Chief executive Khathutshelo Mapasa confirmed this to Business Report this week, but declined to identify the assets that were earmarked for disposal. Mapasa said the group was in the middle of negotiations on the disposals, and they were “fairly advanced”.
He also confirmed that there would be some retrenchments at management and executive level at the group’s head office as part of the process of rightsizing the group’s overheads in each division and the restructuring of its corporate head office.
“Basil Read was aiming to be a R10billion (turnover a year) company, but that is obviously not going to materialise, so we need to rightsize. But as we grow parts of the business, we are able to redeploy a substantial number of people into these growth areas,” Mapasa said. “That has been the focus and to really minimise retrenchments, because they cost money. Where we can’t hide is at head office.”
Mapasa said the restructuring at head office had, for instance, resulted in the merger of the roads and construction divisions under a single executive. Basil Read has about 4500 employees and 2000 subcontractors.
Mapasa said the number of retrenchments would be disclosed once the group received the section 189 Labour Relations Act dispensation from the Department of Labour.
He said the strategic realignment of the group had also resulted in the board deciding on a minimum profit margin threshold and not to chase turnover merely to secure the order book.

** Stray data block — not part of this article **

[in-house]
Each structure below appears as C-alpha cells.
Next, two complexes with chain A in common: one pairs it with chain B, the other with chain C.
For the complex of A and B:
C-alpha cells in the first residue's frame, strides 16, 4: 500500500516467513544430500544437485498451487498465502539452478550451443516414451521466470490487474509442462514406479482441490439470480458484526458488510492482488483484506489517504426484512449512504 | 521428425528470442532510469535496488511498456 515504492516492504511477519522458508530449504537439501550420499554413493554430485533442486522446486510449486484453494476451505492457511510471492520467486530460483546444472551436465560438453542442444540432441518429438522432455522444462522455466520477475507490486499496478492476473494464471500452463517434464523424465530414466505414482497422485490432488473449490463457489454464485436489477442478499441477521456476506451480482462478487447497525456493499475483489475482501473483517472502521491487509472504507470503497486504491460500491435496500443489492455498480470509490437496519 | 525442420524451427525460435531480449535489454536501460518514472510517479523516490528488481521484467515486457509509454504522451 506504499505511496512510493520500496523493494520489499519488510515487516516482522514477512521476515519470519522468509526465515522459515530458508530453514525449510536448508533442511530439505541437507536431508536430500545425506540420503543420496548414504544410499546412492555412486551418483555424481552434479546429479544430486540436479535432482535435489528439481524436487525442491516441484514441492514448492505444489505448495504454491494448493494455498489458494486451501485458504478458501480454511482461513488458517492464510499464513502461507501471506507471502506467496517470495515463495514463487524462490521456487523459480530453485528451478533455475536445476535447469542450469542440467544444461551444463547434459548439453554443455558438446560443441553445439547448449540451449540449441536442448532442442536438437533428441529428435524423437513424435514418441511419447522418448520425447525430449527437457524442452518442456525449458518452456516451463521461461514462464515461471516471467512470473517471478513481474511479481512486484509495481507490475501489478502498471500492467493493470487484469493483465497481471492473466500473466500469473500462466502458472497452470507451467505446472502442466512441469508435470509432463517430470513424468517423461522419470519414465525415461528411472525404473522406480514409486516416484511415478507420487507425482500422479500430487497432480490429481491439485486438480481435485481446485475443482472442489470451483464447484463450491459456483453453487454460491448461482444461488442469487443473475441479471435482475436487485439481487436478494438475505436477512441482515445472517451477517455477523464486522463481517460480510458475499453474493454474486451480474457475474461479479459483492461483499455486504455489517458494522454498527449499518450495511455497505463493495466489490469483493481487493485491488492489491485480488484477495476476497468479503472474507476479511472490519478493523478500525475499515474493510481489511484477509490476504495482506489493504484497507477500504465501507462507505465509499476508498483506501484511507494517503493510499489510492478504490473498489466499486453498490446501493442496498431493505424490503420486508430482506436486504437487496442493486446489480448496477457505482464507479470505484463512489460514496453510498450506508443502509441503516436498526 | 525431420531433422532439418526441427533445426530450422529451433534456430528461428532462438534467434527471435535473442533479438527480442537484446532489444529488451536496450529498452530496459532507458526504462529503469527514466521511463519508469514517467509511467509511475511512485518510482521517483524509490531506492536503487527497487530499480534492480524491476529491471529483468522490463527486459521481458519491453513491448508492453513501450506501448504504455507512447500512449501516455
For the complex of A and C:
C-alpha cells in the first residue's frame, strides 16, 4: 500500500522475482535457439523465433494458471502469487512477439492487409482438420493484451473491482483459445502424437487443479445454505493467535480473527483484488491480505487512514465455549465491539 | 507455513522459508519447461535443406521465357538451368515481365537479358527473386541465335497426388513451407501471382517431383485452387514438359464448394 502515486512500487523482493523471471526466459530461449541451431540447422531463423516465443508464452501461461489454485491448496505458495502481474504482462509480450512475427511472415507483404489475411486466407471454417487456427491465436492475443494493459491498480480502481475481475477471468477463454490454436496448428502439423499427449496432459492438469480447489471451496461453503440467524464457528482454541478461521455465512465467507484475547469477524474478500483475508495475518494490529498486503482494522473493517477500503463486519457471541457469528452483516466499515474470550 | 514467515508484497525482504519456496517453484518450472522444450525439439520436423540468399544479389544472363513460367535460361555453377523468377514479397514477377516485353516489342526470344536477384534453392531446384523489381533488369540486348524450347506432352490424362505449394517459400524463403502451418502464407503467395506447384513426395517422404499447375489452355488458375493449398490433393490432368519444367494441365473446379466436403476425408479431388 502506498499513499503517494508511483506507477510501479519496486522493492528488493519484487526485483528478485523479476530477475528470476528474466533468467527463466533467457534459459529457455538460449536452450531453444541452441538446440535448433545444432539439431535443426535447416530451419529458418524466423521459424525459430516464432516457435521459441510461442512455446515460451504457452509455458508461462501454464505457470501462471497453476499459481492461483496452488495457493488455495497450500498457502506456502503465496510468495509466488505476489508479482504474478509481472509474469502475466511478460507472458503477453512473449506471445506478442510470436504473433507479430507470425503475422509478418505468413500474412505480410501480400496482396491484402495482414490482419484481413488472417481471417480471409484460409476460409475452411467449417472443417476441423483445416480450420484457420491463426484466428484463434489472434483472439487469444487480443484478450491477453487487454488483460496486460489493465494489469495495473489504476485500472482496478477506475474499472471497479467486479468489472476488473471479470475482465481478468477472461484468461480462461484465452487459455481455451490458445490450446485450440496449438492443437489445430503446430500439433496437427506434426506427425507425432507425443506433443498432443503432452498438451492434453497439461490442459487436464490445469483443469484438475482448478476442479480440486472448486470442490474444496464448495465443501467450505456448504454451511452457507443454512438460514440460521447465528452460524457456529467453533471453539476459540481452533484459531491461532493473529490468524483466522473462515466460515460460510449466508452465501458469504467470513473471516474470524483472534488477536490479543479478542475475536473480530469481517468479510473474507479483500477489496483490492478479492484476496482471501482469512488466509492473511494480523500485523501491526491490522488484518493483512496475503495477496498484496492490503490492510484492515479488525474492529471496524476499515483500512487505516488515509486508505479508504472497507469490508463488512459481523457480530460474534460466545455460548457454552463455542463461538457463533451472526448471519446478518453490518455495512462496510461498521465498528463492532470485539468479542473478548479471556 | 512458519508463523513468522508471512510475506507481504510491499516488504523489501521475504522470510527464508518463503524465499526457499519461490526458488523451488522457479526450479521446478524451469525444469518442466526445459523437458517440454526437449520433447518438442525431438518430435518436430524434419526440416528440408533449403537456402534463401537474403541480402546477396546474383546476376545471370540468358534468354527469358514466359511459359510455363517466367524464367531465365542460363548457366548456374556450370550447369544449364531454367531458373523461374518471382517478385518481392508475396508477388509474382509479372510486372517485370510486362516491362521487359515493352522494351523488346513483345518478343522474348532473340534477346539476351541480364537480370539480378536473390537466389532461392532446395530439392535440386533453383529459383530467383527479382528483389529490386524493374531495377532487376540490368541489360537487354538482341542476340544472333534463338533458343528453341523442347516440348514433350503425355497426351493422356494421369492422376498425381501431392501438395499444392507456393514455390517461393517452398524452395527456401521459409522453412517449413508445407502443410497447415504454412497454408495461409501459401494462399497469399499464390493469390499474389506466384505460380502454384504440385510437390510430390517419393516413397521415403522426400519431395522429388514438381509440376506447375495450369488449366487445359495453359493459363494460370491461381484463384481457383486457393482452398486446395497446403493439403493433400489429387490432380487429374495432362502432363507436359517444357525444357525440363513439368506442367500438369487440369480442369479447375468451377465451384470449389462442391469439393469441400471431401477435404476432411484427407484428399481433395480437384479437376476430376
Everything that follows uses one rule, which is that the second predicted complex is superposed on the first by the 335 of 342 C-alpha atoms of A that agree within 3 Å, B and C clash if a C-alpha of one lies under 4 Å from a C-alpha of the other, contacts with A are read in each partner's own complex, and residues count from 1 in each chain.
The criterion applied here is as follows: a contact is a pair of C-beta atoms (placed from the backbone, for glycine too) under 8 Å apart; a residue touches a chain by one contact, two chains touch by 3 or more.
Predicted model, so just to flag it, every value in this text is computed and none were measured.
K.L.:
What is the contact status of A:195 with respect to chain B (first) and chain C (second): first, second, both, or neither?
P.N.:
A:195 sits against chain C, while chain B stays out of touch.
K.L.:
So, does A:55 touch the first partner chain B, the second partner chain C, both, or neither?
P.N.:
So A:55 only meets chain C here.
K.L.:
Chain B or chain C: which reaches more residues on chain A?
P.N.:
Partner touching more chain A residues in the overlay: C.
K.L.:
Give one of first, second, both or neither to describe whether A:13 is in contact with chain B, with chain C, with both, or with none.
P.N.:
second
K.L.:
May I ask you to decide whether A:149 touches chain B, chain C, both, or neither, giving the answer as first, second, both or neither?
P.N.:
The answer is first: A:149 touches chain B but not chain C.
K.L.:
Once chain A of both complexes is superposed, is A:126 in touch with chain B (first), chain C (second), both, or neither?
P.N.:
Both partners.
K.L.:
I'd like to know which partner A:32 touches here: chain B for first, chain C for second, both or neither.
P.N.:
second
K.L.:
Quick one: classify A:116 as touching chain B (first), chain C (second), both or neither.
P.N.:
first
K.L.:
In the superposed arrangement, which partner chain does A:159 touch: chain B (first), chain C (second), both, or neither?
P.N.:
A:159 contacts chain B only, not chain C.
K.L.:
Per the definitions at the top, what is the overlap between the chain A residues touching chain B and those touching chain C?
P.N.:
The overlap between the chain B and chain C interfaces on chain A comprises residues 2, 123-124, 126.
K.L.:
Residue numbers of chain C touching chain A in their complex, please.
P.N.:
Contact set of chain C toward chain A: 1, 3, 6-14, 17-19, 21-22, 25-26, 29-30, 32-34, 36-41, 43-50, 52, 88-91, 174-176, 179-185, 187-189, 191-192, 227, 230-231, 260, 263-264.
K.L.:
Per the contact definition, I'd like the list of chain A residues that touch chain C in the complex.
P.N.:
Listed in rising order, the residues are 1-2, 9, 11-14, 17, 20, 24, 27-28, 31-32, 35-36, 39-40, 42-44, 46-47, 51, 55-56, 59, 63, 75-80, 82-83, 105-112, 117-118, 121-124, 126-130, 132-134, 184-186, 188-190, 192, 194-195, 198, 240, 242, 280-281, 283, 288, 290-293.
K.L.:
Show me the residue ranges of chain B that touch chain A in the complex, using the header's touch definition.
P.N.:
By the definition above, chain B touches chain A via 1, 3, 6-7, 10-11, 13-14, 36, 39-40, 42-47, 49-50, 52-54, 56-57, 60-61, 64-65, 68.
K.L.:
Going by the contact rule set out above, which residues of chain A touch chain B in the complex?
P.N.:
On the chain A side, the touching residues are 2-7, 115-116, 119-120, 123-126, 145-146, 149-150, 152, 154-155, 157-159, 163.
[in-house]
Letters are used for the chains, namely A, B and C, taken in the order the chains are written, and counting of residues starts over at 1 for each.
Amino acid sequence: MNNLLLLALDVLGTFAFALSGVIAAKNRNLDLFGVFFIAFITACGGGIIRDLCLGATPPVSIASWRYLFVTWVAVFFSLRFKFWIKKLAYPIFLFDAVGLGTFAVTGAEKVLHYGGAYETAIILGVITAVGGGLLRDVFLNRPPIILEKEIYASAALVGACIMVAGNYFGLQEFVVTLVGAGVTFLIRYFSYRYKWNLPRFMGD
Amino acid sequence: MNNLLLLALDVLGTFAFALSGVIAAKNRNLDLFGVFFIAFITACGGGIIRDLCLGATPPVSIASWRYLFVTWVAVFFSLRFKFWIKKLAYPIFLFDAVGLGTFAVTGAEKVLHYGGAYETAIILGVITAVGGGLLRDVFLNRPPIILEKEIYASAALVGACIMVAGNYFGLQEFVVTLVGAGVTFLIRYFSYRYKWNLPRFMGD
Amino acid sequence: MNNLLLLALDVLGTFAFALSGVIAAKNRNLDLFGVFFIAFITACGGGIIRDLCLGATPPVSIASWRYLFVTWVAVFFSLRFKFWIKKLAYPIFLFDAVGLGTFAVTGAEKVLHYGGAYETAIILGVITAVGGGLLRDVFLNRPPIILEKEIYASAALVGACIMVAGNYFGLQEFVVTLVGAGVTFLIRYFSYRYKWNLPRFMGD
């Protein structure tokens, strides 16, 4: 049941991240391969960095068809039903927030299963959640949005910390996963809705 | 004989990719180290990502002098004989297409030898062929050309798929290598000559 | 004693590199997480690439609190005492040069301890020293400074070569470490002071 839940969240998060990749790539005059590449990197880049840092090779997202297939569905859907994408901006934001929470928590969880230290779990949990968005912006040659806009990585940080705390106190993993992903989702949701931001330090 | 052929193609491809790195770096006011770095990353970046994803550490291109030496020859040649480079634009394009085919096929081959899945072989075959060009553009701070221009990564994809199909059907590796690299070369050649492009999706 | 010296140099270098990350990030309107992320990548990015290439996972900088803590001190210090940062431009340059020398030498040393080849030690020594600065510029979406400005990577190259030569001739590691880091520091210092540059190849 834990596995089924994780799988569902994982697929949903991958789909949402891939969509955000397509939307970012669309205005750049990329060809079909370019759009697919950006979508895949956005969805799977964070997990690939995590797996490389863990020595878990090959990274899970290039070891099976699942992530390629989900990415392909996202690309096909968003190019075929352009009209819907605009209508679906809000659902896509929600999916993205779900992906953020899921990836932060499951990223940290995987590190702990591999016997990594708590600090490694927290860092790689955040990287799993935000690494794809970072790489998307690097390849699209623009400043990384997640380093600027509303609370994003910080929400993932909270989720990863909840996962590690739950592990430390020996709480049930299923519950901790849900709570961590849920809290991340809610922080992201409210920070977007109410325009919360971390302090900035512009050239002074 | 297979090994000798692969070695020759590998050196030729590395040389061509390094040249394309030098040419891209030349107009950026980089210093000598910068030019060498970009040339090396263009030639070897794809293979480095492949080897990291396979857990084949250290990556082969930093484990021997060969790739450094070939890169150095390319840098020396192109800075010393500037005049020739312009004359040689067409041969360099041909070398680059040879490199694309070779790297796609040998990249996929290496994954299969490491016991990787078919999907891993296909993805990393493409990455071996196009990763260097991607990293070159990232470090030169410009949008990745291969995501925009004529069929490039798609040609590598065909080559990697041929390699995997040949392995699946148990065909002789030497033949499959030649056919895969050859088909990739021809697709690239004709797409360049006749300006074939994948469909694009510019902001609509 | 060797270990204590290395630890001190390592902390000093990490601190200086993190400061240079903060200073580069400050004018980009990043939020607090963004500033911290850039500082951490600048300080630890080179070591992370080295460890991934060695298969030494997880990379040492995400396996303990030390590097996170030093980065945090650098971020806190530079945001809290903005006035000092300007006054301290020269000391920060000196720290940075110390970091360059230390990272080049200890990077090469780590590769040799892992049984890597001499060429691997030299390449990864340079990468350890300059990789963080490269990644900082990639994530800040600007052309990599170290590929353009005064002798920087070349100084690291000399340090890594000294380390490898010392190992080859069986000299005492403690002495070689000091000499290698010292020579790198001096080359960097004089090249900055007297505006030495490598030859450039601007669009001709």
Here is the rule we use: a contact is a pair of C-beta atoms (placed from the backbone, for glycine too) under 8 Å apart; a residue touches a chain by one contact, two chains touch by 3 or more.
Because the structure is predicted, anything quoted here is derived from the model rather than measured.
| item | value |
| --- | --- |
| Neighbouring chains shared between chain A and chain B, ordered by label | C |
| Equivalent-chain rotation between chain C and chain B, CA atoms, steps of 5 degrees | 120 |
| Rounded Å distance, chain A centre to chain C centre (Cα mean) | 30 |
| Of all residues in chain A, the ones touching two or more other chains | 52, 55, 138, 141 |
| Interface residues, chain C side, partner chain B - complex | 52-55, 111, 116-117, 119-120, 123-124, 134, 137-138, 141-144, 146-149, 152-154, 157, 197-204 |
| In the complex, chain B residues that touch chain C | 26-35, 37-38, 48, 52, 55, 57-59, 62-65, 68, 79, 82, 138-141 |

“We are making sure there is quality in the order book, and wherever we bid or tender, there is a minimum threshold we seek to have,” he said.
Mapasa said the group needed to invest more into developments and contract mining, where it had a track record of securing good margins and a history of delivering profits even in difficult times.
“We are trying to reposition Basil Read as well in the turnaround strategy,” he said.
Mapasa added that the group last year obtained a R150m bridging loan from the Industrial Development Corporation (IDC) to provide it with sufficient time to execute the turnaround plan.
He said R150m of the R300m it proposed raising through the rights offer would be used to repay the IDC bridging loan, with the balance used in the business to complete some projects, including several distressed projects. These include a Trans Caledon Tunnel Authority contract in Limpopo, several roads projects, and an administration craft basin harbour extension at Coega.
Mapasa said they aimed to complete all these projects in the first half of this year. Irrevocable commitments received from major shareholders to follow their rights would account for 55percent of the R300m to be raised through the rights offer, partially underwritten by the IDC for about R89m.
Major shareholders that made irrevocable commitments in terms of the right offer are Allan Gray, PSG Asset Management, Prudential Investment Managers, Sishen Iron Ore Company Community Development Trust and Ashburton Fund Managers.
Mapasa said the 63percent discount to Basil Read’s share price in the rights offer issue price was to provide shareholders with an incentive to follow their rights. The rights offer is conditional on the group receiving a minimum total subscription of R168m.
Failure to raise the R300m could result in a default under the debt standstill announced in December to provide it “with the necessary breathing room and stability to focus on operations”. The rights offer opens on February 12 and closes on February 26.
Shares in Basil Read gained 23.06percent on the JSE yesterday to close at 30c.
- BUSINESS REPORT